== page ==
Four generations of Tottoris have made Taro Brand synonymous with that most Hawaiian of foods, poi. The tradition continues with sprouts and cut vegetables produced in the cleanest plant you’ve ever seen
This is a poilific poitrayal of an industrious and innovative family that poiduced and poifected an industry synonymous with Hawaii.
You’d be poifectly right to poisume that their story has something to do with poi. (Or that our spellcheck is lolo.)
This is the enchanting story of the Honolulu Poi Company, Hawaii’s foremost taro processor and creator of Taro Brand products. You’ve seen its familiar label in your grocery store. But do you know the players behind the poi and products?
Like taro, HPC Foods Ltd., as the company is known today, has deep roots in the Islands.
It was founded in 1946 by Japanese immigrant-farmer Kakuichi Tottori, who started a poi milling operation with three employees in Waipahu. Today, it is a food service titan with 180 employees and diversified product line.
What made this company take root and thrive while others sunk in the mud?
How did the Tottori family emerge a pioneer and standard-bearer of taro cultivation and poi production?
What is being done to spur growth and profitability for this niche product so it does not fade into obscurity?
We will explore these poivocative questions and poivide answers.
Before venturing into poi production, first-generation farmer Kakuichi Tottori had a dairy in Kipapa and was one of the first to ship fresh pineapple to California.
Grandson Ernest Tottori, 79, chairman of HPC Foods, recalls, “My grandfather was a very adventurous man. He had a very good business sense. Right after the war, I don’t know what made that old man with the crazy idea to go into poi, but he started Honolulu Poi in summer 1946.
“When the war ended, my grandfather asked my father, James Ichiro Tottori, to run Honolulu Poi. Then, I took over in 1952 (at age 18),” Ernest Tottori recounts in an oral history.
At the time, there were 10 or 12 poi factories on Oahu. The two largest operations were Waiahole and Waimea Poi.
Ernest grimaces as he recalls the long hours and hard work demanded of him by his grandfather.
“Hard work? Ha!” he exclaims. “One New Year’s Day, I tell him it’s holiday. He tells me, ‘Oh, today half a day.’
“After my grandfather died, I paid off his debts, sold his farm and went into vegetable and taro farming at Waimanalo until 1954. I lost all my savings and turned to my father. At the same time, he wasn’t having a good time too,” Ernest relays. “So we teamed up and concentrated on Honolulu Poi Company. I took over general management in 1962.”
The family-run business continues today with a fourth-generation team. Youngest son Craig Tottori, 48, is president, supported by eldest brother Brian, 54, who supervises information technology, sister Ann Kinoshita, community relations, and brother Paul, 50, who oversees equipment and maintenance.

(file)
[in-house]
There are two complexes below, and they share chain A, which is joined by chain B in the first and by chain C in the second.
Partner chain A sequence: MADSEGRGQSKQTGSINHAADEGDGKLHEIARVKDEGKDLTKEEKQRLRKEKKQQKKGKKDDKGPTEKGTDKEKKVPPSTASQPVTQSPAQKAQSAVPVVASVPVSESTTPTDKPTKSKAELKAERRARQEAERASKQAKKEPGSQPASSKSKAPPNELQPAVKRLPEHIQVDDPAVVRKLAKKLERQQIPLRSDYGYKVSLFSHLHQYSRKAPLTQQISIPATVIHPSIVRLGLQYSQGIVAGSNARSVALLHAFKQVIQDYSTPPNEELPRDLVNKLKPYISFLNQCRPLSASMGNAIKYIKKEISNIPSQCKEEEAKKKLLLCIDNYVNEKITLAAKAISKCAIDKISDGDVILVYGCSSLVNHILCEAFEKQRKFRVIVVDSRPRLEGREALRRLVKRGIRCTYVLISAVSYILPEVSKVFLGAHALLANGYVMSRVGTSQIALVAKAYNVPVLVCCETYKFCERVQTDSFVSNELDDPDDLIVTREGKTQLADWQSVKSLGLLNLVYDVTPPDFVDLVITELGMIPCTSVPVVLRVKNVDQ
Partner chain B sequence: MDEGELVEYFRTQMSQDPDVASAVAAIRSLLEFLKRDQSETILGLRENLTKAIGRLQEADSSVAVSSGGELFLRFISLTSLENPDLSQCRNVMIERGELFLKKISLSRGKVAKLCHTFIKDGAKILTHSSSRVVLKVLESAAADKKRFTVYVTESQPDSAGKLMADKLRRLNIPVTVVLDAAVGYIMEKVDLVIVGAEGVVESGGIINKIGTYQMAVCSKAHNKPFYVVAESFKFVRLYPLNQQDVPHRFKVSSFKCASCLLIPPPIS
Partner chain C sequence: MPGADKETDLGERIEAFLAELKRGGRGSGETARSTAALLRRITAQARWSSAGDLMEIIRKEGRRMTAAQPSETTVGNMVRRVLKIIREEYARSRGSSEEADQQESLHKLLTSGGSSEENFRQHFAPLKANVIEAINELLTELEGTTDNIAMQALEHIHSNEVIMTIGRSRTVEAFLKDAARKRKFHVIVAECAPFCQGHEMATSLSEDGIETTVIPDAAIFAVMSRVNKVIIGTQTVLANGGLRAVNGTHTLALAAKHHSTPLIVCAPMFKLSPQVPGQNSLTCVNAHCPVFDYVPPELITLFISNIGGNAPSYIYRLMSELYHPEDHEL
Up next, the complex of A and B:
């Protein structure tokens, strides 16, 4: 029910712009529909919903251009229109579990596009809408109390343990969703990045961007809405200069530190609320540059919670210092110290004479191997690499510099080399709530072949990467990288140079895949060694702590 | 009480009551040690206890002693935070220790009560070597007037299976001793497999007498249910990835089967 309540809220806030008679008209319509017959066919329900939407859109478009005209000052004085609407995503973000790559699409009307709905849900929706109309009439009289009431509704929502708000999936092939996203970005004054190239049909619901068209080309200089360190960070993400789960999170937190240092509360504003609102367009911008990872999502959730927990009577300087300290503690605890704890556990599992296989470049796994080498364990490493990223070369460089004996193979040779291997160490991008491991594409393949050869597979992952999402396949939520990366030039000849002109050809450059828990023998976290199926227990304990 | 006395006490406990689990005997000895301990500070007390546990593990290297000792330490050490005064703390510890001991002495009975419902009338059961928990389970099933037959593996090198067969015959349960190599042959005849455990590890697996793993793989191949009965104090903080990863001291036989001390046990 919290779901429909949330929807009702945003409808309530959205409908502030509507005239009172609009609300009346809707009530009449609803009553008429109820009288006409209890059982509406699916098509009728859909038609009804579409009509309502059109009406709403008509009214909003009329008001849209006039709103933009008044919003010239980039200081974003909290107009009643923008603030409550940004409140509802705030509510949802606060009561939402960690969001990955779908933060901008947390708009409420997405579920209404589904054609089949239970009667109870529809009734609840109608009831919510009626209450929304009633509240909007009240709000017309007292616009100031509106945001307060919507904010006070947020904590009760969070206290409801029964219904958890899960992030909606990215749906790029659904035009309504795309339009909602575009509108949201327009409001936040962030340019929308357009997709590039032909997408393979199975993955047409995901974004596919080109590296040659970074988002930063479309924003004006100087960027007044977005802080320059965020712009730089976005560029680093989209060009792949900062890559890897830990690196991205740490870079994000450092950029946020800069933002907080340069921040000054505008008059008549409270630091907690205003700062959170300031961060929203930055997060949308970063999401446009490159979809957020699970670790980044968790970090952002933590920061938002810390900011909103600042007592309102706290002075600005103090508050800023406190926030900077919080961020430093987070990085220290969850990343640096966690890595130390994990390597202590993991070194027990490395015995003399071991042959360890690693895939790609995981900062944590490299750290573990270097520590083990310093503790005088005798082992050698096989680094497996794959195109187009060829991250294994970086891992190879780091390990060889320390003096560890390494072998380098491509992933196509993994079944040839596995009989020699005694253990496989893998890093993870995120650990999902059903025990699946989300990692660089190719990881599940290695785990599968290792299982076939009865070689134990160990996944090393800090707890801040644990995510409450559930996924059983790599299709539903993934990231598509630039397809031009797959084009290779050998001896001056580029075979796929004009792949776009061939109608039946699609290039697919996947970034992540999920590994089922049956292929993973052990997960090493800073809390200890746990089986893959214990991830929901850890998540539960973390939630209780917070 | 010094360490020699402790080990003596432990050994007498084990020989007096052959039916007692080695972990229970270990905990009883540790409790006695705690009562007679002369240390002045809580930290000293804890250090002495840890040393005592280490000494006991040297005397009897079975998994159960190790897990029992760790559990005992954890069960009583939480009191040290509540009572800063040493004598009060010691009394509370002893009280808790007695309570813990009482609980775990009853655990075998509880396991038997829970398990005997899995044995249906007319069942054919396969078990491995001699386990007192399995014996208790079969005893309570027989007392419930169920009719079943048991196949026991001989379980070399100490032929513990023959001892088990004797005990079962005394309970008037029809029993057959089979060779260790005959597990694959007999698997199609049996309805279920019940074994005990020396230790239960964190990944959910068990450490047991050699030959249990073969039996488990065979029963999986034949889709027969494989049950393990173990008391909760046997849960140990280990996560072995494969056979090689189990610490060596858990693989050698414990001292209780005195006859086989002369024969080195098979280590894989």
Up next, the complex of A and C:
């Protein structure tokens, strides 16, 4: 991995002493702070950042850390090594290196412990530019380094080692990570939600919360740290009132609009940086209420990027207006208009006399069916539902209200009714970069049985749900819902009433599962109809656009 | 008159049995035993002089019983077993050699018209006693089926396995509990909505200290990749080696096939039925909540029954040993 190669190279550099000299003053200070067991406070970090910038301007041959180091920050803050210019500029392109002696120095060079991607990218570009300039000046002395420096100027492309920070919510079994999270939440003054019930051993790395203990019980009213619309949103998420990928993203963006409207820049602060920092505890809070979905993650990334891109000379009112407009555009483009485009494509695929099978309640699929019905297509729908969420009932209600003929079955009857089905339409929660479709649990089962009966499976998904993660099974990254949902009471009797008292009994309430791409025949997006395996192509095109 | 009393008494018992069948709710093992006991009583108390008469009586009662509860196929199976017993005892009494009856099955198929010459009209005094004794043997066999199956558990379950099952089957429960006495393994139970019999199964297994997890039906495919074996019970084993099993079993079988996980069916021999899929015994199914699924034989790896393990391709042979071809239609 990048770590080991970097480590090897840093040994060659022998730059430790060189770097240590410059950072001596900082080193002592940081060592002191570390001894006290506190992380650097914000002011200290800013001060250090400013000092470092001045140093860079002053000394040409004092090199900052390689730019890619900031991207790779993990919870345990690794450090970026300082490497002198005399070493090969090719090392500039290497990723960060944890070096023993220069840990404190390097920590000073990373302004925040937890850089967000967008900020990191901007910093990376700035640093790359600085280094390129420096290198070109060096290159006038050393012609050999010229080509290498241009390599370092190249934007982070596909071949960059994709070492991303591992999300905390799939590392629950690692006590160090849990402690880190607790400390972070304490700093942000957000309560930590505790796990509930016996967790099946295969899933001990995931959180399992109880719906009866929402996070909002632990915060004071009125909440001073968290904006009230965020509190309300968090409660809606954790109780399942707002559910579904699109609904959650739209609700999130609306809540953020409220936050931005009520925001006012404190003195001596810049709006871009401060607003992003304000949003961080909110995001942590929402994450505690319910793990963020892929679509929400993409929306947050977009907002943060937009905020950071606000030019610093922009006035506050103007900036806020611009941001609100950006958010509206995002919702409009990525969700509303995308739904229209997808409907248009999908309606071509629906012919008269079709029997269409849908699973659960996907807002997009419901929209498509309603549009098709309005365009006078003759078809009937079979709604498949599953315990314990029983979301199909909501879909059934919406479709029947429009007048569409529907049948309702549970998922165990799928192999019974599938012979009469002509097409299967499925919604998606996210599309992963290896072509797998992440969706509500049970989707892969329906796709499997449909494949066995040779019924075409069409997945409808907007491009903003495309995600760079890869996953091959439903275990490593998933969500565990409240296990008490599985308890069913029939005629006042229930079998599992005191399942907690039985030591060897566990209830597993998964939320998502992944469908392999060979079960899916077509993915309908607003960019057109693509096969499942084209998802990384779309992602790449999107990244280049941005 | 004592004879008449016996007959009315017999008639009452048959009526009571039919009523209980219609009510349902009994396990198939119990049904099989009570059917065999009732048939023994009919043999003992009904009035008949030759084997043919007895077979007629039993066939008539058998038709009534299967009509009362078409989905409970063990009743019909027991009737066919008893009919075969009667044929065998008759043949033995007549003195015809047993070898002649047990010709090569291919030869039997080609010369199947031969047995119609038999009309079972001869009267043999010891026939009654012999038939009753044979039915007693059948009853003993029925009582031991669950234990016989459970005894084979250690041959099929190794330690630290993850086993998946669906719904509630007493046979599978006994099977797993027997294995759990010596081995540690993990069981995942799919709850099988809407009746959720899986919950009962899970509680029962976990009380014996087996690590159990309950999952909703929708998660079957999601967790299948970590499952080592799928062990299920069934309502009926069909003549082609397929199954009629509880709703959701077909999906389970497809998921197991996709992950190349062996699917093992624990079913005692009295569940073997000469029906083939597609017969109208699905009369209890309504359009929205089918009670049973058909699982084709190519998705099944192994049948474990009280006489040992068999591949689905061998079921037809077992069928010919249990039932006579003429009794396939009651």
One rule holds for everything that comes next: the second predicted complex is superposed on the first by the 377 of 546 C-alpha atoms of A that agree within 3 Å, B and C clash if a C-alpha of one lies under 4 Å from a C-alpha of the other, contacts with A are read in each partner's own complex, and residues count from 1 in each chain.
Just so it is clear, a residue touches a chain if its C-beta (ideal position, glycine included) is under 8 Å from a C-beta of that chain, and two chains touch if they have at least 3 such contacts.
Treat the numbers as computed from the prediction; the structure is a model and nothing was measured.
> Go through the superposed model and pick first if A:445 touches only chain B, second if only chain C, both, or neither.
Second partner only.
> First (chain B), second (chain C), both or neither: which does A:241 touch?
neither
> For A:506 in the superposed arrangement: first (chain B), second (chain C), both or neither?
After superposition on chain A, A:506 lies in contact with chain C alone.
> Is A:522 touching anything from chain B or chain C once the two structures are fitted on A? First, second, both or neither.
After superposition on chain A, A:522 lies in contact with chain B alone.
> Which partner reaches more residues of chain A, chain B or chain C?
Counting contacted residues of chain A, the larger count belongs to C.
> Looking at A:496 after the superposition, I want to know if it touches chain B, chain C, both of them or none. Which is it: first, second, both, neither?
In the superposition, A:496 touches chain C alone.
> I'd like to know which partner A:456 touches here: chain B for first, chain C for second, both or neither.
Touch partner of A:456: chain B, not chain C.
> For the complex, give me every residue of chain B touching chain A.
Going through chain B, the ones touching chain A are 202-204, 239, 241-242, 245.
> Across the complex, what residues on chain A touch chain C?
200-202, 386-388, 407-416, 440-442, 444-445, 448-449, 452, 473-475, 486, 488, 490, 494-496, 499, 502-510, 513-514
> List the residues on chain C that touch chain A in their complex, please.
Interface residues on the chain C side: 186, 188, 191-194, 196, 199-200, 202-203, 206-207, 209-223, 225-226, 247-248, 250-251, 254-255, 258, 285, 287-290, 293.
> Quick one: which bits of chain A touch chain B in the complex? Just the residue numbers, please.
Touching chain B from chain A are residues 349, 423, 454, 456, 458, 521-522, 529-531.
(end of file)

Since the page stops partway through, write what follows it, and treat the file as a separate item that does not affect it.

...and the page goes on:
Ernest’s wife, Miriam, serves as executive vice president/corporate secretary. Craig’s wife, Michelle Tang, a 30-something dynamo in food service distribution and marketing, serves as general manager. She has previous experience at ‘Nalo Farms, Armstrong Produce and Coca Cola Bottling Co. of Hawaii.
The corporate ohana runs a dynamic yet, in many ways, unassuming enterprise based on Libby Street in Kalihi, where the Tottori kids grew up. What was once “home” is now a 9,000-square-foot central distribution building where poi and sprouts are produced and packaged. A short drive away, near Waiakamilo Road, is a 15,000-square-foot facility where fresh-cut fruit and vegetables are processed and packaged.
A fleet of 25 refrigerated trucks rolls out several times a week to deliver poi and other fresh food items to grocery stores, retail outlets, restaurants and institutions.
HPC is Hawaii’s largest poi manufacturer, producing more than 30,000 pounds a week, or more than 1 million pounds annually. Eighty percent of poi is sold through retail outlets, and 20 percent is sold for private luaus.
HPC uses the lehua variety of taro, richly cultivated in Hanalei, Kauai. Being farmers themselves at one time, the Tottoris for many years had a taro experimental growing farm in Haleiwa where they nurtured knowledge to help farmers. That exchange has resulted in higher crop yields to blunt taro shortages.
A key component of poi production is a Tottori-designed pressure cooker that can cook more than 6 tons of taro an hour. No more boiling taro in small batches for four to five hours.
Ernest was a welder by trade and did most of the equipment fabrication.
“He always pushes the philosophy of doing things yourself,” son Paul says. “Businesses in Hawaii are isolated, so when problems arise, you have to be self-reliant. Even today, the company has a maintenance department that is fully equipped with backup equipment and parts, and most of the renovations and expansions are done or overseen in-house.”